4 New Rules for Global Business Success

In his new e-book, Re-Think: A Path to the Future, former IBM CEO Sam Palmisano predicts that traditional multinational firms will cease to exist and will eventually be replaced by globally integrated enterprises. These GIEs will locate departments not only in different states but even in different countries, wherever the most appropriate talent resides.

April 16 2014 by Lynn Russo Whylly


In his new e-book, Re-Think: A Path to the Future, former IBM CEO Sam Palmisano predicts that the traditional multinational firm will cease to exist and will eventually be replaced by globally-integrated enterprises. These GIEs, he says, will take a distributed “best of breed” approach to both structure and operational management by locating departments not only in different states but even in different countries, wherever the most appropriate talent resides.

Innovations in technology and process management will foster necessary cohesiveness and collaboration, creating highly competitive firms.

To plan for a globally integrated future, Palmisano and other experts say:

  1. Don’t let short-term economic and political issues drive future plans, as these “blips” will always come and go.
  2. Seek out team leadership with cross-functional and innovation skills.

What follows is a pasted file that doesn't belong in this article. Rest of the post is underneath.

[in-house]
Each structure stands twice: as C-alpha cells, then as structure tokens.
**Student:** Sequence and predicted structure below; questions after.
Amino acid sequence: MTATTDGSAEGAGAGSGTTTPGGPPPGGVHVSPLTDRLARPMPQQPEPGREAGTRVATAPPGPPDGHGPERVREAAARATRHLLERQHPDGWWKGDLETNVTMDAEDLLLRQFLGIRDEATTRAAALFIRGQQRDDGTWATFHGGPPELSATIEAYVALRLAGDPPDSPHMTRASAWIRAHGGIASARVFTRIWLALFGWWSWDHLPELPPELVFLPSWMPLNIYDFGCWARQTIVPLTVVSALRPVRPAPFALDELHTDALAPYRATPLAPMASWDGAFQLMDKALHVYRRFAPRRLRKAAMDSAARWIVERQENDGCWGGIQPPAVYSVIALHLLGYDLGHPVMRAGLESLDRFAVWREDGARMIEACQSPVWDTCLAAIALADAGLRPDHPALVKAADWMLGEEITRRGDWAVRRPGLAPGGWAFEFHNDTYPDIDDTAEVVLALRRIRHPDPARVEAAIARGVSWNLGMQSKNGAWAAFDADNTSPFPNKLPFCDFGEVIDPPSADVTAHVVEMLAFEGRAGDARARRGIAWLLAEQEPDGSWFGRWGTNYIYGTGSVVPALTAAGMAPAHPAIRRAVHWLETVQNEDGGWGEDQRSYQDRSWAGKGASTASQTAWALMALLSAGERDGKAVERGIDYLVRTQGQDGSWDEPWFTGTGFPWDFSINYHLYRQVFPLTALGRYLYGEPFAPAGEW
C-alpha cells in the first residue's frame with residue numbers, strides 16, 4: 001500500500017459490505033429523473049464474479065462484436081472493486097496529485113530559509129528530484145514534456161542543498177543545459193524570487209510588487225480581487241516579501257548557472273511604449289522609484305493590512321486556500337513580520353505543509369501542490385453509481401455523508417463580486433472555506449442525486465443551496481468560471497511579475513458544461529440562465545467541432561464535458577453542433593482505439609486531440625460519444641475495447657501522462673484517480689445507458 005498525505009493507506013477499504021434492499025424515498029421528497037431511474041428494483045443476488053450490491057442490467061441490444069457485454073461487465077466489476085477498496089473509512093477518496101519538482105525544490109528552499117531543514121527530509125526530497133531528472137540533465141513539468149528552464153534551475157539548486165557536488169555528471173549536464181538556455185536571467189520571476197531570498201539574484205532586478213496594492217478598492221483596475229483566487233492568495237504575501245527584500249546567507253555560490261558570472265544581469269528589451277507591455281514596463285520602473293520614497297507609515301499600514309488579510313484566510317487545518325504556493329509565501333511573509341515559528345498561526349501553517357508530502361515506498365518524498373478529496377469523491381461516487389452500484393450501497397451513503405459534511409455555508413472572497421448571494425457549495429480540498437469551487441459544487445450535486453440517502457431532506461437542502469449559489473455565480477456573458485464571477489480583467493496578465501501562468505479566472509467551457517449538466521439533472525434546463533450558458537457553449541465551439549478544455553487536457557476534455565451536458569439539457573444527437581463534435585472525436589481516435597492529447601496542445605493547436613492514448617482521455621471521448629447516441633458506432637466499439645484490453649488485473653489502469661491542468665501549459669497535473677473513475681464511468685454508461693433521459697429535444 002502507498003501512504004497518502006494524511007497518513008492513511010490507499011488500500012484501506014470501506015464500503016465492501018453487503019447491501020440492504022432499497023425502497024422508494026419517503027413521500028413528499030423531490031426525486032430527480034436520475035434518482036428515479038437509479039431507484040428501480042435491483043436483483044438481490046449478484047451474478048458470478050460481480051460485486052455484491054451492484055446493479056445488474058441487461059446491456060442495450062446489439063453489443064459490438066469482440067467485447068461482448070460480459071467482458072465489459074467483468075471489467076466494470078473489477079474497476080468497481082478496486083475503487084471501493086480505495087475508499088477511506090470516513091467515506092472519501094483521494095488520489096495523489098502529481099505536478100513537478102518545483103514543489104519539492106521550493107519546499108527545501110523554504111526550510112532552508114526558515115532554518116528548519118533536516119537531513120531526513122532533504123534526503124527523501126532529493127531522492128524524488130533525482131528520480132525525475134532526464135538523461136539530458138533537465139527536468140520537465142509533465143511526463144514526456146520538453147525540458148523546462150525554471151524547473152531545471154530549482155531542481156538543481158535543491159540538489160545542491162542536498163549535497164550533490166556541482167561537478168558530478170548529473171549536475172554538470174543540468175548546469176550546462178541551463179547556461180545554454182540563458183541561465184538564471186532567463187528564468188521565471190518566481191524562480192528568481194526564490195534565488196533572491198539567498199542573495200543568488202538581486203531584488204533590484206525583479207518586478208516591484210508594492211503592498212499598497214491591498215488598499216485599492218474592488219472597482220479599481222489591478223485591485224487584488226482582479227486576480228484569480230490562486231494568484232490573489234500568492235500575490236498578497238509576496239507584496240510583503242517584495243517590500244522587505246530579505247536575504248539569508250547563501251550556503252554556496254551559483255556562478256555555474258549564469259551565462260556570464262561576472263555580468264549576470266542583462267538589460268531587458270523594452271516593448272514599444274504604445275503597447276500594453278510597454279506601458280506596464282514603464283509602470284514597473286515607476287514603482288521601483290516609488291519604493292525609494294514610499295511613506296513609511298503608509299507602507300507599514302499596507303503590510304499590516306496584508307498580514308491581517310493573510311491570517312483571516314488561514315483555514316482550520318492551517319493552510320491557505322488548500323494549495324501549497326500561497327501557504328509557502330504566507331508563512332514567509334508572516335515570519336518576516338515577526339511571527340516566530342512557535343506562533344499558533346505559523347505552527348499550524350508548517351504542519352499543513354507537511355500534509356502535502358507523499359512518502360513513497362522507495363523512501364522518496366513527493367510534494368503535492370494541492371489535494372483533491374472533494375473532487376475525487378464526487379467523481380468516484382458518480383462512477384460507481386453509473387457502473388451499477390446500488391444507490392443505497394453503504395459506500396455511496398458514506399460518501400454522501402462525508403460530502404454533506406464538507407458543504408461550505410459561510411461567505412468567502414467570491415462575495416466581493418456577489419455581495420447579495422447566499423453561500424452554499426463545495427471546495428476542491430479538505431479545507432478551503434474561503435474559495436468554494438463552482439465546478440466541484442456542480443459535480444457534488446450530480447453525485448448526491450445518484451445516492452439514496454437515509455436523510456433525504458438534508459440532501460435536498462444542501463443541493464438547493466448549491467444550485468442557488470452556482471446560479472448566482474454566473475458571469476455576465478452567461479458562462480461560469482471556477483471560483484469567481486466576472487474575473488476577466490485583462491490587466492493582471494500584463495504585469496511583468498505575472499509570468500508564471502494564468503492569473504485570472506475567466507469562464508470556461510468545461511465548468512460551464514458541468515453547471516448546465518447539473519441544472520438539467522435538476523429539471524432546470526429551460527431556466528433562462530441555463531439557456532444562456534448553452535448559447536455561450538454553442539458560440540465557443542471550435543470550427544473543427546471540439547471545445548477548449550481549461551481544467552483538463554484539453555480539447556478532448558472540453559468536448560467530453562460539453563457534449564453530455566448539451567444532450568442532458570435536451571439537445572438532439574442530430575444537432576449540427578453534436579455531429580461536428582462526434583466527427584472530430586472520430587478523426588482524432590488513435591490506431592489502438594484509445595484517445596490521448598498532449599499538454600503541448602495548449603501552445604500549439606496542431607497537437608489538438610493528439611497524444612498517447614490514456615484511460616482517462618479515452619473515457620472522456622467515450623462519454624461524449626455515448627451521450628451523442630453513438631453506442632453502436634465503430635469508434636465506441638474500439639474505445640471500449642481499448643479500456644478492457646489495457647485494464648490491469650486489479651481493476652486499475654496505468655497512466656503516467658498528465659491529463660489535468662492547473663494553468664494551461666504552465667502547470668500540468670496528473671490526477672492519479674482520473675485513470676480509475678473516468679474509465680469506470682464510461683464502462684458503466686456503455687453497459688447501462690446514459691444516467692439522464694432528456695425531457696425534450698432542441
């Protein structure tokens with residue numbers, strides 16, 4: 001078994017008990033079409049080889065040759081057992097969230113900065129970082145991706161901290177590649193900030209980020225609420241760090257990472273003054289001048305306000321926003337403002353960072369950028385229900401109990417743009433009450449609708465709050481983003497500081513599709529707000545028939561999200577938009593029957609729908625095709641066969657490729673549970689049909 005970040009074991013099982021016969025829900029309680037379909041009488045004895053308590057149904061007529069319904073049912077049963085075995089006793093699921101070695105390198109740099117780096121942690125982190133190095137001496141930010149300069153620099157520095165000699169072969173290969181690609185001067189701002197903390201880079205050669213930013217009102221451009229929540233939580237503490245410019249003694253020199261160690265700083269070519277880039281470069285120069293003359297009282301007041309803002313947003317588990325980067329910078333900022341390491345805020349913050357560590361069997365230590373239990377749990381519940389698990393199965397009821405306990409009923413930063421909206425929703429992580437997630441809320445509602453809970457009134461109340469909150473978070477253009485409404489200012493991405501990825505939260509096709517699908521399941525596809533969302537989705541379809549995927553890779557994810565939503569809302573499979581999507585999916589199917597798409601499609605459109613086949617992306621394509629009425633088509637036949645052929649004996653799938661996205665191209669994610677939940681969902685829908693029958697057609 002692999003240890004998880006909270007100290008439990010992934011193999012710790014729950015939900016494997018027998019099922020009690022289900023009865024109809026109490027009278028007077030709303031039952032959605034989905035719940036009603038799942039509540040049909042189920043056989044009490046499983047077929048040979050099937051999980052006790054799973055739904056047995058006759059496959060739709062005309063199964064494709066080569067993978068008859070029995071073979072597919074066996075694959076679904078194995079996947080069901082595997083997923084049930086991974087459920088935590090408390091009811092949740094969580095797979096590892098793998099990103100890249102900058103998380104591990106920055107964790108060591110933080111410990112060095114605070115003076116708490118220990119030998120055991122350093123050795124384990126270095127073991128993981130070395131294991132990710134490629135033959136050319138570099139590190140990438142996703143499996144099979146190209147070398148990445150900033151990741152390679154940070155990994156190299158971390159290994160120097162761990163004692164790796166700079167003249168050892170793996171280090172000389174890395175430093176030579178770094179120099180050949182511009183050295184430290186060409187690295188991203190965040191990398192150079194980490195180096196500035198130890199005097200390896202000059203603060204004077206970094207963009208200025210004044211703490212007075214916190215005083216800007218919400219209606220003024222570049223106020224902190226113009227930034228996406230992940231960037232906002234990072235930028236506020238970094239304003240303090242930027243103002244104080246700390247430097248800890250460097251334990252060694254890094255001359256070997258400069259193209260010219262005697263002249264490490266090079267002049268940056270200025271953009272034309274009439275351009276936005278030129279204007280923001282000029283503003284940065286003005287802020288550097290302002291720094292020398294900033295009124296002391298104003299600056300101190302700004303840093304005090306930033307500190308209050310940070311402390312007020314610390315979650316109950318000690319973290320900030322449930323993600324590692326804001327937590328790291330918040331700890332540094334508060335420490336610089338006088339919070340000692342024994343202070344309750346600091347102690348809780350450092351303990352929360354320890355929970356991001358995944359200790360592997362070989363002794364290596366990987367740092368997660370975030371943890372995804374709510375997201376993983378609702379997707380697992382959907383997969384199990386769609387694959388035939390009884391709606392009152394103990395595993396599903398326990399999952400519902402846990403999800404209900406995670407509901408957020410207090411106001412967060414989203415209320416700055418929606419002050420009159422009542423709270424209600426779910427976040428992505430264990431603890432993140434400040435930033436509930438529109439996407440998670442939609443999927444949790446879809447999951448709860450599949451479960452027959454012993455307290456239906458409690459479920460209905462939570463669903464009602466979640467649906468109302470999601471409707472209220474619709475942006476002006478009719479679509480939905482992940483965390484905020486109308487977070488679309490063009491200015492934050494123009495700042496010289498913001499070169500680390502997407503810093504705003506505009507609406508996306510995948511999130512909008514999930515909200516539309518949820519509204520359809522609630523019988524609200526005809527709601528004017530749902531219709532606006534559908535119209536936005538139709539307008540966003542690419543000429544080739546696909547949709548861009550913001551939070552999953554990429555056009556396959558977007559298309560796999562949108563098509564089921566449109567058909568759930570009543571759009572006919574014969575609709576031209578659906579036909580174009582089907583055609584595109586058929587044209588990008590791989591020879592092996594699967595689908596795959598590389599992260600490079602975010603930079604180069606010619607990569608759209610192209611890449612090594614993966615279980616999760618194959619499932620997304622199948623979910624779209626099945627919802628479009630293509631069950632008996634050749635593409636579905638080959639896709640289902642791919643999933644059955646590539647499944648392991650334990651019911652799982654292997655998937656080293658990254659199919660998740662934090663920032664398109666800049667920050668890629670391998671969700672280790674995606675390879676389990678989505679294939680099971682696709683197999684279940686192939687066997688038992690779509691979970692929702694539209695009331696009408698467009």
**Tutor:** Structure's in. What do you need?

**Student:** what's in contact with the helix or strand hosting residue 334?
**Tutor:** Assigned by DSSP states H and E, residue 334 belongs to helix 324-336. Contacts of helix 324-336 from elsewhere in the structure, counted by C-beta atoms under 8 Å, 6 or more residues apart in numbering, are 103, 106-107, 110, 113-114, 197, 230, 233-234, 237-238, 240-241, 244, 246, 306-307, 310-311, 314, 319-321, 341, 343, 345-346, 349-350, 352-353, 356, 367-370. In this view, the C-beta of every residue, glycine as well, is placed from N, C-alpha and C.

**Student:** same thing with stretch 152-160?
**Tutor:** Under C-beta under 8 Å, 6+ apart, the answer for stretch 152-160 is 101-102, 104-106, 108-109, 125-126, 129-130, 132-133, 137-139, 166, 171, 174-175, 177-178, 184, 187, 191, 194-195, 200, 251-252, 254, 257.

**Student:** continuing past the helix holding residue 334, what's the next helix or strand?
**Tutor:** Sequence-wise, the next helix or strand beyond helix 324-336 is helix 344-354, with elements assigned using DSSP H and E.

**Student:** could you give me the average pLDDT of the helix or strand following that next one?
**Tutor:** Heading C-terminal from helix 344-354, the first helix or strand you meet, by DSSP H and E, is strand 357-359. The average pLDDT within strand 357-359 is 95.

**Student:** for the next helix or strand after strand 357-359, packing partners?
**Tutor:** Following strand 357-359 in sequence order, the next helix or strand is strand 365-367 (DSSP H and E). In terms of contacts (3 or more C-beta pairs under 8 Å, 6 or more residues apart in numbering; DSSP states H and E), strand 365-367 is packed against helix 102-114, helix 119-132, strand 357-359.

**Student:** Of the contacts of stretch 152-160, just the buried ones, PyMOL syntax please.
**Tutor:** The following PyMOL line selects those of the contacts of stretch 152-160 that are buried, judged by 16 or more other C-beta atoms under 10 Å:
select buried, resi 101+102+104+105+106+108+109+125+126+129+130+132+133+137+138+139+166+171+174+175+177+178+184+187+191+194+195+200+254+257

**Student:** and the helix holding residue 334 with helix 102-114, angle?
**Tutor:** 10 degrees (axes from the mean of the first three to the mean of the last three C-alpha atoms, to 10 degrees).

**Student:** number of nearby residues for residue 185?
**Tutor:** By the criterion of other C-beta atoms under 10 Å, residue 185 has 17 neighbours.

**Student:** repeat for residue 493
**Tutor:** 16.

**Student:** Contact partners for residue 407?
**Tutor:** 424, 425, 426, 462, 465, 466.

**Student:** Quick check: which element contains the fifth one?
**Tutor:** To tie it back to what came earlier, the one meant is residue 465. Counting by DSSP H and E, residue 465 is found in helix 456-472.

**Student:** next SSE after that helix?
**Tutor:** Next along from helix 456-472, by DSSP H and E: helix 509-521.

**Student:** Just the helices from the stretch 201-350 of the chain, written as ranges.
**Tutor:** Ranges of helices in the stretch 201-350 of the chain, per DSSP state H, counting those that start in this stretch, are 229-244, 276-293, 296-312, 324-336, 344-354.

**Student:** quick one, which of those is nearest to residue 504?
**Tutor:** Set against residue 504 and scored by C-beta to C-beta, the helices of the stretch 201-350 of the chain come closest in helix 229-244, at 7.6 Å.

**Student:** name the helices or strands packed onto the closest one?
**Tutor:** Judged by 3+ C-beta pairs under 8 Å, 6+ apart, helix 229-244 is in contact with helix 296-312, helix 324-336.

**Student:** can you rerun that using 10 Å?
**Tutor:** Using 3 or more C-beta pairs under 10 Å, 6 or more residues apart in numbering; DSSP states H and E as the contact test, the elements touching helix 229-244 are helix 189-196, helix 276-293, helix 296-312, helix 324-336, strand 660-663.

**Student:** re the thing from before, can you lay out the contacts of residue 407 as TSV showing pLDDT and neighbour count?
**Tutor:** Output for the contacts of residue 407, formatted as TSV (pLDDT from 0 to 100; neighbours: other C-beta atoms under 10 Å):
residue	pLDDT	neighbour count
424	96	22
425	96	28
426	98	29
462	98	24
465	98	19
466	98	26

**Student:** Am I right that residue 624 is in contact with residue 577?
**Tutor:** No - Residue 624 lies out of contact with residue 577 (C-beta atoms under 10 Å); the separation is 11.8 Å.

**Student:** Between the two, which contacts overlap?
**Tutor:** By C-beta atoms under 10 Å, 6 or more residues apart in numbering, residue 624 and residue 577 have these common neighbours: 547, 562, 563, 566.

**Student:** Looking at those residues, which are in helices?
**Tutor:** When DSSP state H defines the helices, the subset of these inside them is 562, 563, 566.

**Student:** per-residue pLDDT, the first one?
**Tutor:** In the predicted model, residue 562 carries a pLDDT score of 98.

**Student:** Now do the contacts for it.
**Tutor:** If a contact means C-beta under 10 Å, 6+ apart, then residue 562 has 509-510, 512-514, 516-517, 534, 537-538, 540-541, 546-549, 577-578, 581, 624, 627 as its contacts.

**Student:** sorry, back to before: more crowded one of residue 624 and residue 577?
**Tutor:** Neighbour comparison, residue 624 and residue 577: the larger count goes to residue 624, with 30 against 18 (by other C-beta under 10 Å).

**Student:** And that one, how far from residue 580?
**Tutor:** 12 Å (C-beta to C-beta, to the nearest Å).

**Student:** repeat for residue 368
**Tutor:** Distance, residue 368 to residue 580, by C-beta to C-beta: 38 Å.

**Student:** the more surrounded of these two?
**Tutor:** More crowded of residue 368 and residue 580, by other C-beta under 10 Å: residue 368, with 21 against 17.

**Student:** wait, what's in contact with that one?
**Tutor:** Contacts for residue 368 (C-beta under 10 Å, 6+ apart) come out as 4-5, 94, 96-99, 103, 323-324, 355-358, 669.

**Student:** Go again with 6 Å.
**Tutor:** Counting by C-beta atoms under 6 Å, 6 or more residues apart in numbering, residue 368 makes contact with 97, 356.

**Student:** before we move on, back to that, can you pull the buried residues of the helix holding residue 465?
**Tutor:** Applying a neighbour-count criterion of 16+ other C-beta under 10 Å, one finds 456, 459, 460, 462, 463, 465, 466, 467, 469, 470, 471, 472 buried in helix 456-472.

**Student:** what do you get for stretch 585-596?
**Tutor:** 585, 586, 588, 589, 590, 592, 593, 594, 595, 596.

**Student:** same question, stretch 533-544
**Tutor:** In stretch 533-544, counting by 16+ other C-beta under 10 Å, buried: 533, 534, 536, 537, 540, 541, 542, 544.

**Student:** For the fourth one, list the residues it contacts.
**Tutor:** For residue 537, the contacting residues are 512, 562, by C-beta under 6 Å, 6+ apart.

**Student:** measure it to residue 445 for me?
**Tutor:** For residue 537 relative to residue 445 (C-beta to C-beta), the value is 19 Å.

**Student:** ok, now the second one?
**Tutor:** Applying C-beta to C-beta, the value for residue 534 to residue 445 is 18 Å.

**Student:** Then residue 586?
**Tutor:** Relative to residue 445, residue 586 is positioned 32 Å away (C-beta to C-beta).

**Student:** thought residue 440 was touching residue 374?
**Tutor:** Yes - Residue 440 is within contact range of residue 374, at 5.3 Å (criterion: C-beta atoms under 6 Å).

3. Partner with higher-education institutions to help shape the talent you will need.
  4. Lead your organization’s charge for change.

According to business process management firm Genpact, finding the right resources in the right place at the right time could lead to more part-time, temporary, semi-retired and offshore personnel. This could have a significant positive impact on personnel costs, training and overhead.

This thinking is in line with an age-old concept of focusing on key strengths and outsourcing everything else. But, as KPMG noted in a 2012 study, the new globalization model goes well beyond cost efficiencies. Companies can also “increase agility and flexibility, tap new capabilities and innovations, and gain access to new markets.”

Meanwhile, automation will continue to make some jobs and functions obsolete, while at the same time creating new types of positions in areas such as IT and HR. For instance, according to LinkedIn, jobs that did not exist five years ago include: big data architect; iOS/Android developers; data scientist; UI/UX designer; cloud services specialist and digital marketing specialist.

Five years from now, there will be an entirely new list of job titles that don’t exist today. This will require investments in the operational resources needed to find and prepare these staff to do their jobs well.

Another near-future need CEOs should plan for is translation staff and technology. Whether it means having a network of experts available on an as-needed basis anywhere in the world to assist in a meeting or translate a written document, or investing in voice-activated translation  apps, this new globalized spin on best-of-breed means that English will not be everyone’s first language. And increasingly, companies will need to collaborate with employees, contractors and partners simultaneously in multiple languages.

Additional reading:

Former IBM CEO Sam Palmisano on the New Rules for Global Business Leaders
http://onforb.es/1knDNc2

The Future of Global Business Operations
http://www.genpact.com/docs/resource-/whitepaper_genpact-future-of-global-operations

The Extended Global Enterprise Advantage (by KPMG)
http://bit.ly/P0Srat